How Long Does Trauma Therapy Take? An Expert's Perspective

When it comes to trauma therapy, the duration of treatment can vary from one individual to another. Generally, conditions such as post-traumatic stress disorder (PTSD) take 15 to 20 sessions for 50% of patients to feel an improvement. Cognitive behavioral therapy (CBT) has been found to be effective after 10 to 20 sessions. The type and duration of treatment must be adapted to the nature and severity of the difficulties faced by the person.

Acute difficulties usually require fewer sessions than chronic conditions. In addition, the duration of treatment also depends on the type of therapy administered; cognitive-behavioral treatments, which focus on a specific problem, are usually shorter than psychotherapies with a broader focus. I am a trained counselor and psychotherapist with 7 years of experience at the Psychotherapeutic Counseling and Education Centre in Paddington, London. I specialize in the treatment of PTSD, trauma, trauma-associated tinnitus, and associated conditions of anxiety, depression and addiction.

If the person affected by the trauma quickly feels overwhelmed and emotionally flooded when talking about their traumatic memories, they must regain safety and stability before continuing with the story. This phase involves exploring and mourning the losses associated with trauma and providing a space to mourn and express emotions. The successful resolution of the effects of trauma is a powerful testimony to the resilience of the human spirit. In some cases, people who have experienced trauma find a mission through which they can continue to heal and grow, such as talking to young people or mentoring peers.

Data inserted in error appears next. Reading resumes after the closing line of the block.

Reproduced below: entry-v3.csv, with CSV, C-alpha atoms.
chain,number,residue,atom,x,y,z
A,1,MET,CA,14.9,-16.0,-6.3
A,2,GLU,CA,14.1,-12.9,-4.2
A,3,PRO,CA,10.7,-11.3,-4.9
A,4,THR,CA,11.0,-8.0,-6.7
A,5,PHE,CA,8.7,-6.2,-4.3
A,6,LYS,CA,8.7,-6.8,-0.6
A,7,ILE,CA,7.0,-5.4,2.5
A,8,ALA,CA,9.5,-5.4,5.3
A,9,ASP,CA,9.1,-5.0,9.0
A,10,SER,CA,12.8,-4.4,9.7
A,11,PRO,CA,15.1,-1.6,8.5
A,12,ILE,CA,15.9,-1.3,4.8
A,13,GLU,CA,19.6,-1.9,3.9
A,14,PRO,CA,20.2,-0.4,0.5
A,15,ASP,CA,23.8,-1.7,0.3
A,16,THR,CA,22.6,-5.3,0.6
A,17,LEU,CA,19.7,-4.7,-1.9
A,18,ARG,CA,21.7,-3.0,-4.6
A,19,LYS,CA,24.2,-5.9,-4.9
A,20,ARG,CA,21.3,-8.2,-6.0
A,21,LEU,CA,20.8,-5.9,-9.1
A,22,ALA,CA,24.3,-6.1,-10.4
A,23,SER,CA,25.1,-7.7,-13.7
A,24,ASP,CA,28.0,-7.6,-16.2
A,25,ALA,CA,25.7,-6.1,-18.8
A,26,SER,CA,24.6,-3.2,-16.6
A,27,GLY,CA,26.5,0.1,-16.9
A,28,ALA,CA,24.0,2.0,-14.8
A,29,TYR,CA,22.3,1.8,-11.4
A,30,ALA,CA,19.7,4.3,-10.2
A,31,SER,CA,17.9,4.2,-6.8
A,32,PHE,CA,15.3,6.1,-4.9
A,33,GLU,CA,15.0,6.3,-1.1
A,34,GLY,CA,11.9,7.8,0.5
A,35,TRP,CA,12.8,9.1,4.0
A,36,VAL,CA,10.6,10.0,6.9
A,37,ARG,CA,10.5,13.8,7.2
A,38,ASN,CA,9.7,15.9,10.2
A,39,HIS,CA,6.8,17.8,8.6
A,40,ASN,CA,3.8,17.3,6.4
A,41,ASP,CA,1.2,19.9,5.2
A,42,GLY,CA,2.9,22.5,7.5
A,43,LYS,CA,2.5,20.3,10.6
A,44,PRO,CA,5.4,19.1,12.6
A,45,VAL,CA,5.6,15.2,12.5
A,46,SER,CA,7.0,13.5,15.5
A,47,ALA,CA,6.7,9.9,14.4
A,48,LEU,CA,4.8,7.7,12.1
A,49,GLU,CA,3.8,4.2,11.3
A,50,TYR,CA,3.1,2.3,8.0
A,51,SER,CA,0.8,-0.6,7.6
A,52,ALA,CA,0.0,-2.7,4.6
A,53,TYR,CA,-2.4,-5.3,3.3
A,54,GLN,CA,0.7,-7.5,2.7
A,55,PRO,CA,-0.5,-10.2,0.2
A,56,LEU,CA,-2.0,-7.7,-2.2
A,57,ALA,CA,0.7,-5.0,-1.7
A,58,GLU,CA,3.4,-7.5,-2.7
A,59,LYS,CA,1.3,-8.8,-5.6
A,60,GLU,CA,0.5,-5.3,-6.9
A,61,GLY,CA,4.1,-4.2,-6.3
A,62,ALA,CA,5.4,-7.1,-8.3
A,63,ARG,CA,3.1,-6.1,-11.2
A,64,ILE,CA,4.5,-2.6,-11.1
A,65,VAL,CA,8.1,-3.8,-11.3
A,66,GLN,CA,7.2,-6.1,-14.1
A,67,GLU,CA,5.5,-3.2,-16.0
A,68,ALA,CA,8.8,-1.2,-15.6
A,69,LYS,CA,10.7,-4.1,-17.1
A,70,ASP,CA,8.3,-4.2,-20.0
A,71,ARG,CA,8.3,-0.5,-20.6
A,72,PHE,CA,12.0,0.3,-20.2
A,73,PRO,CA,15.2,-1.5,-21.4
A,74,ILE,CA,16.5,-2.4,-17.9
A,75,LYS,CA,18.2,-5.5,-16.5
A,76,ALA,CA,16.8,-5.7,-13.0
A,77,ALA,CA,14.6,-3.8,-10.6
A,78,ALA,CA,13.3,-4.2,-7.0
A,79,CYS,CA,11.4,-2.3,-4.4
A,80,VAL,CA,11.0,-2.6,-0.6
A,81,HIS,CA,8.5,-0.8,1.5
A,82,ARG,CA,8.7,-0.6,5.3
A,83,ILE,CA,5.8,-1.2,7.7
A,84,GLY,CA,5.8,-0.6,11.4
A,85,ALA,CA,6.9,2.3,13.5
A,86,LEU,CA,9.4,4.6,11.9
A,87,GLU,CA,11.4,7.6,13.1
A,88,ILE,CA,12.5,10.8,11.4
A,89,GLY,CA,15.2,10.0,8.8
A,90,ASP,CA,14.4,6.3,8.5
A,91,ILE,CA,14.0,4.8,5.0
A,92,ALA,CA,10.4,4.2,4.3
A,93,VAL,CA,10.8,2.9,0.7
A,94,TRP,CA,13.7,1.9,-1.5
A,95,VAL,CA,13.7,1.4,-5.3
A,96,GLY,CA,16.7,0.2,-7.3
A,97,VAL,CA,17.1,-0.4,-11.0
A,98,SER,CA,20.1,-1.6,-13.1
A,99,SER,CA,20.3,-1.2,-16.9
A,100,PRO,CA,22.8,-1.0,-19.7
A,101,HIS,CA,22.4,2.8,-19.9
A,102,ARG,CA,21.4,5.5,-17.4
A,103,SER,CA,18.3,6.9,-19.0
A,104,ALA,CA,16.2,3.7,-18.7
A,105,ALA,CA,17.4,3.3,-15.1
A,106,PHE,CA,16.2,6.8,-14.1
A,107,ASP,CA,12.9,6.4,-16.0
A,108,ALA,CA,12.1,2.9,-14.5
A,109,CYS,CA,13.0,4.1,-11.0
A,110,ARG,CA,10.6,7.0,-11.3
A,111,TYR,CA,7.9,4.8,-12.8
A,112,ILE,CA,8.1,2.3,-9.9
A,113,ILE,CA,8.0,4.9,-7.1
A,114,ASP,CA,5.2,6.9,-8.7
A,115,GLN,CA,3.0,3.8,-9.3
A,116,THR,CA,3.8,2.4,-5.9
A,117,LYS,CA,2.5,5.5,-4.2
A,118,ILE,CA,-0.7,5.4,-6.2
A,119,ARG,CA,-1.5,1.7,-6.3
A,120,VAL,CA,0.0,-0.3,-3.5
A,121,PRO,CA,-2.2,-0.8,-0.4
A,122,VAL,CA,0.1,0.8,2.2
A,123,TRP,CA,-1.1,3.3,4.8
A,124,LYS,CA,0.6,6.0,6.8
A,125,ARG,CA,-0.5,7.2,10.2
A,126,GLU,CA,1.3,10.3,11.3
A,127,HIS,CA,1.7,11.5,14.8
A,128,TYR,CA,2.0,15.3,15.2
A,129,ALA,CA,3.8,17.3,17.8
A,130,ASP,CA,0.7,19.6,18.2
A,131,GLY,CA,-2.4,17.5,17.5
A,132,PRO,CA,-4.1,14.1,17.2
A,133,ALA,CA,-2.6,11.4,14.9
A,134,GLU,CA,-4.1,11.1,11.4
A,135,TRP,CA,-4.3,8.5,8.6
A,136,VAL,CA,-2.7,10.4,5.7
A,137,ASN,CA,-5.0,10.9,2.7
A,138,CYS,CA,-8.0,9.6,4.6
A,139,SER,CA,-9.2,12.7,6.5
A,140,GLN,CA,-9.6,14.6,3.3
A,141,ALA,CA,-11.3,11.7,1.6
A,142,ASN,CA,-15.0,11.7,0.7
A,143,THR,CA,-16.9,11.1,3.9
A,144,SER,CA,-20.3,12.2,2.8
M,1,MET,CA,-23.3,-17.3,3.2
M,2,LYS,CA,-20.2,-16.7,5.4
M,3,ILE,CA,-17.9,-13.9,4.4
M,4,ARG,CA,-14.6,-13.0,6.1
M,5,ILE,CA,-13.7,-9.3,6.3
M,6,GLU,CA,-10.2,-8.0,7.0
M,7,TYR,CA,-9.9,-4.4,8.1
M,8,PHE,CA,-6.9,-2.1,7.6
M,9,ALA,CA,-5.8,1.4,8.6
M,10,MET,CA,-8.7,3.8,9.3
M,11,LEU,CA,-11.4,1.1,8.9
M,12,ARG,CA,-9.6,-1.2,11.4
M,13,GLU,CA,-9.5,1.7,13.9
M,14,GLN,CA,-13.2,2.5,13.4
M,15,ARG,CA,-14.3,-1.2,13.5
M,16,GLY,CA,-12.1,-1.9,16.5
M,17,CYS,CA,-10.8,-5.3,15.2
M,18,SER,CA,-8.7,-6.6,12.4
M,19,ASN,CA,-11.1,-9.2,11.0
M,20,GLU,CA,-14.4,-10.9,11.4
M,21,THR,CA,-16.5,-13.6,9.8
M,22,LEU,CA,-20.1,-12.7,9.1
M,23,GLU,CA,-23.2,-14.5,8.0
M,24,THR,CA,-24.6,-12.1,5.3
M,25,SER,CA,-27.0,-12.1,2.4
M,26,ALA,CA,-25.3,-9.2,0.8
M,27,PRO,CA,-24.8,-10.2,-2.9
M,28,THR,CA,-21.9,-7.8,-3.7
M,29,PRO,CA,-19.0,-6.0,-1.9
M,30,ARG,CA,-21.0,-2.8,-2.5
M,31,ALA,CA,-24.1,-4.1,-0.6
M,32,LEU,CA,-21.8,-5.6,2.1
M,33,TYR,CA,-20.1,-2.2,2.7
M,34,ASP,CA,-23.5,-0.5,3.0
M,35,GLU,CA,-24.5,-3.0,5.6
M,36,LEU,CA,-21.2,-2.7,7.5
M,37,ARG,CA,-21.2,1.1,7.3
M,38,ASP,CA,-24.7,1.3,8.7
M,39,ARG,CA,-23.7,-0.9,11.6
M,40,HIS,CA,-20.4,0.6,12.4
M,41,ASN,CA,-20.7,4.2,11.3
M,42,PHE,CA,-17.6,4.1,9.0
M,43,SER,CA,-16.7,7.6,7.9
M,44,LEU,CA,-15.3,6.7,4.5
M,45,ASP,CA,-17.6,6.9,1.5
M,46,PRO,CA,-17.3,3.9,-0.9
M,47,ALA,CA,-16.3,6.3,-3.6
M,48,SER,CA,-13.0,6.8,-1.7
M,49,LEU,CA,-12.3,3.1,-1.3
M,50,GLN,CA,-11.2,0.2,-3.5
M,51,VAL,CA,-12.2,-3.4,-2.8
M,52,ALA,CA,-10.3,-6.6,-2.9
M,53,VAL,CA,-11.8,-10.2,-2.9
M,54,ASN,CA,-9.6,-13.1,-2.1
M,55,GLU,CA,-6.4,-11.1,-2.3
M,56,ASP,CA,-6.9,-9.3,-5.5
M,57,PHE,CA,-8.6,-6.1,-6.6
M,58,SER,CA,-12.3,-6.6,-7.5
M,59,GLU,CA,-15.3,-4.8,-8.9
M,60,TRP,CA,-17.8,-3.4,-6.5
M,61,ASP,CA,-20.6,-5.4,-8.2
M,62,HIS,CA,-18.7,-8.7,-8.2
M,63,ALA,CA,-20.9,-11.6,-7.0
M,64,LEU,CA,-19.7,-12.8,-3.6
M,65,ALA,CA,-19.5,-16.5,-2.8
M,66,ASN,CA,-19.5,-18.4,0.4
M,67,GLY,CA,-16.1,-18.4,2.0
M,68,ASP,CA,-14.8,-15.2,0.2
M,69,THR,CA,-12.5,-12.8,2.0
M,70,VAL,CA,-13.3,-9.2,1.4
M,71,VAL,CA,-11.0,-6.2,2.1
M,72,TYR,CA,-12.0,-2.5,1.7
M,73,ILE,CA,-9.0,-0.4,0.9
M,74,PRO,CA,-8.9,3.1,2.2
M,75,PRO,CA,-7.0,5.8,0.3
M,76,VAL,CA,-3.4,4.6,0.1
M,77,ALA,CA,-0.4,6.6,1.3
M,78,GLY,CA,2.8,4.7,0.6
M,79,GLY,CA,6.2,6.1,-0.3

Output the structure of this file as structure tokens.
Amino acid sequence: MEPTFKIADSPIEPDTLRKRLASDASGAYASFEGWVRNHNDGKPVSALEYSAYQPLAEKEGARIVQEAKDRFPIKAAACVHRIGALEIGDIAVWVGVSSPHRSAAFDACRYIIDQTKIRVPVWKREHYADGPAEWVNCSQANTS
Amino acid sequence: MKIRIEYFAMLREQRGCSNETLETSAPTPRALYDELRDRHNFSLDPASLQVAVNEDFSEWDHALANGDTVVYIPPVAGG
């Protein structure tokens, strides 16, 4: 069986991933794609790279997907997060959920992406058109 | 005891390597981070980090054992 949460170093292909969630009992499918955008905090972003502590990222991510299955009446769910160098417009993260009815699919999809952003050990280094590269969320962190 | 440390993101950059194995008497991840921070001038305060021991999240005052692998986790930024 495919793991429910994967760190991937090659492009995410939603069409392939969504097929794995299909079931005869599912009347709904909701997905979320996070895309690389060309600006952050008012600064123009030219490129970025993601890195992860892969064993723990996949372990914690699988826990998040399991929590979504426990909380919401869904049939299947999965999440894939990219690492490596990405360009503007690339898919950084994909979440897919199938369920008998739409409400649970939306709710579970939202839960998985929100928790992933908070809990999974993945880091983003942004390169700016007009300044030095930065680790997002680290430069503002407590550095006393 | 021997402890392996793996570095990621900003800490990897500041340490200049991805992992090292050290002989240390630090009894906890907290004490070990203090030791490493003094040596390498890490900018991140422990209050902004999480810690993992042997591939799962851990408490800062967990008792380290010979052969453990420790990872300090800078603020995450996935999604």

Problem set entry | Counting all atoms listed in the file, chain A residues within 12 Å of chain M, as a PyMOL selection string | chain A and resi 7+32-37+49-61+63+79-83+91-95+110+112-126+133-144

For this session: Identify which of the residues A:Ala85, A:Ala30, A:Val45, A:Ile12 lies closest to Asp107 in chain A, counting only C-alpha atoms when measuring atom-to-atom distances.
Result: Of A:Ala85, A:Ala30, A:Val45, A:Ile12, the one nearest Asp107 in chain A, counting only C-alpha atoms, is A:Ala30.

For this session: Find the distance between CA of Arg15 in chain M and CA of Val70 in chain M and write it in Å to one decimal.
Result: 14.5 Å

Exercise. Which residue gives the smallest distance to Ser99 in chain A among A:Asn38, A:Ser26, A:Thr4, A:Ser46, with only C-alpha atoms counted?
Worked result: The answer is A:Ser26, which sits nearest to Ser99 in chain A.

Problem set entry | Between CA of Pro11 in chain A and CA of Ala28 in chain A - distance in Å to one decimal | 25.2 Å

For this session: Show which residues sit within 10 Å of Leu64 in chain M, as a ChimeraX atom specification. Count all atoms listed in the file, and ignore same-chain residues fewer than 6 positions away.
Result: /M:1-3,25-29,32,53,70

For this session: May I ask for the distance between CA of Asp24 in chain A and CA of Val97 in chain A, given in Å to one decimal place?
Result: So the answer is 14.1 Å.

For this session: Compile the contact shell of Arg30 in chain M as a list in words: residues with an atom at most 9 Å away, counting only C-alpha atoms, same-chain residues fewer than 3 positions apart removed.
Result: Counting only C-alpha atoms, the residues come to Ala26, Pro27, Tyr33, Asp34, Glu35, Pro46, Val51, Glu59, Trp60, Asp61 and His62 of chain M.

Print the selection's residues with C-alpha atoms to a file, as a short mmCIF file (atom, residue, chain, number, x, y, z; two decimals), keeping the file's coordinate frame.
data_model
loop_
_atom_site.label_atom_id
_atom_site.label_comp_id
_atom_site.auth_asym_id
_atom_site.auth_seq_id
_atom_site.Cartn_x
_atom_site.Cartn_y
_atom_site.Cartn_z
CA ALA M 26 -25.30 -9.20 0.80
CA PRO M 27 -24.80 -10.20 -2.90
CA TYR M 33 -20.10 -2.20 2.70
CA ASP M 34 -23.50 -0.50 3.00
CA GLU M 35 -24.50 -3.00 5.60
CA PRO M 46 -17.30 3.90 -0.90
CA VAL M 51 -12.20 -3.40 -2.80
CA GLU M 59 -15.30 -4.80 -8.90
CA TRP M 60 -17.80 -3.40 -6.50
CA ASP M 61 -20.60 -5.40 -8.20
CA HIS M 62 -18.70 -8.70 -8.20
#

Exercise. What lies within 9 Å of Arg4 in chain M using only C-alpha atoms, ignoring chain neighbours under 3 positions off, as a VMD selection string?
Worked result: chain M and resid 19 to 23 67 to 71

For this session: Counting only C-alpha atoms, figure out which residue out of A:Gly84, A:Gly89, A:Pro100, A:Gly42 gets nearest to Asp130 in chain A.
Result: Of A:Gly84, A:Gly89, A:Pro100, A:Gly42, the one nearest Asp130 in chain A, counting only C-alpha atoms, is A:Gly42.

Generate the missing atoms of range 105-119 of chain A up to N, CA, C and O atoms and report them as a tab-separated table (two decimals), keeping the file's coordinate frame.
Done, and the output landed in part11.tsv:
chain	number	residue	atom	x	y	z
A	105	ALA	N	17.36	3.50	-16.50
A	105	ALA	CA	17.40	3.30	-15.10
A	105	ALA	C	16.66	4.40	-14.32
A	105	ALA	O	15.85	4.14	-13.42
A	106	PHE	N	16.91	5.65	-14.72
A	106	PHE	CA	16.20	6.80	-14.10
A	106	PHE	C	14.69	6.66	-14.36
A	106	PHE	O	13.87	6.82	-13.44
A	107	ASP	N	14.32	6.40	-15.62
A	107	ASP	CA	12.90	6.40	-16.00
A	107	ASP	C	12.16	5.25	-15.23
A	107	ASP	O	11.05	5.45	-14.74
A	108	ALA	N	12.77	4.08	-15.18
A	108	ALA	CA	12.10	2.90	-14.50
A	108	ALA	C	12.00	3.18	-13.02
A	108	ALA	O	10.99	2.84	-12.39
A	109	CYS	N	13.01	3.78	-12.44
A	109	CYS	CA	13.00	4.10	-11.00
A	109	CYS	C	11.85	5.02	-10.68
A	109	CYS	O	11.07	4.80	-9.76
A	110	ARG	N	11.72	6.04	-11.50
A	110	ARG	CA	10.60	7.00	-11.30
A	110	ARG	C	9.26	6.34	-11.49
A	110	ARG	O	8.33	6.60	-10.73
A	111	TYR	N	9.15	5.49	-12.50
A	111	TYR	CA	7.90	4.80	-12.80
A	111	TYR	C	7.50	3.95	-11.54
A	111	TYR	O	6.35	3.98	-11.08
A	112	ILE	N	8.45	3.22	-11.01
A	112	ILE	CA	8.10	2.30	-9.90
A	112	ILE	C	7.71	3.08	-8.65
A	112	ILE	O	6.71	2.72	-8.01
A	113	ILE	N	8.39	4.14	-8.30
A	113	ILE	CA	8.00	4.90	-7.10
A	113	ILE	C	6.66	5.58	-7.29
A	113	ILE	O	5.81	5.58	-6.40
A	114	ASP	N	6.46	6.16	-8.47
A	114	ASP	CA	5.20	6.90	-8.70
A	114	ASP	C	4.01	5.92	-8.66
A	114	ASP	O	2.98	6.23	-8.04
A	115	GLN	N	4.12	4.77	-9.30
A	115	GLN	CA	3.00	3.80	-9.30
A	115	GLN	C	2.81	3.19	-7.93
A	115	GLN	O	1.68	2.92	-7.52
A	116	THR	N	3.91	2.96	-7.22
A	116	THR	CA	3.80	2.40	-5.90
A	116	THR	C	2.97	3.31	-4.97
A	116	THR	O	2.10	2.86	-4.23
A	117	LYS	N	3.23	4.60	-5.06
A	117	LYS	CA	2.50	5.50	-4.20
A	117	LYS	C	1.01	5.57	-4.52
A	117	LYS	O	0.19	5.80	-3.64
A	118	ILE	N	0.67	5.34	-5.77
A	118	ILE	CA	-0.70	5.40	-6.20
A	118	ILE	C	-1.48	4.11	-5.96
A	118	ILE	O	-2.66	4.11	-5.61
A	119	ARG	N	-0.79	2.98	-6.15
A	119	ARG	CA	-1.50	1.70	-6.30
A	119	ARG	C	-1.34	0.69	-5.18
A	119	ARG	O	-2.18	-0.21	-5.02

There is intense debate in the field of traumatic stress about whether traumatic memories need to be reviewed for healing or if, in fact, it can even be harmful. Taking care of safety allows the person affected by trauma to go through this phase in a way that integrates the history of the trauma instead of reacting to it in a fight, flight or freeze response. In this third stage of recovery, the person affected by trauma recognizes the impact of victimization, but is now ready to take concrete steps toward empowerment and a self-determined life. This means that we use more than one approach to help someone who has experienced traumatic difficulties or symptoms of PTSD.

Some people start to experience the benefits of trauma therapy after a couple of sessions, while others take longer. Recovery is not defined by the total absence of thoughts or feelings about the traumatic experience, but rather by being able to live with it in a way that you are not in control of your life.

Ruth Bupp
Ruth Bupp

Total music maven. Infuriatingly humble pop culture advocate. Proud coffee enthusiast. Infuriatingly humble food scholar. Freelance twitter guru. Evil beer junkie.

Leave Reply

Required fields are marked *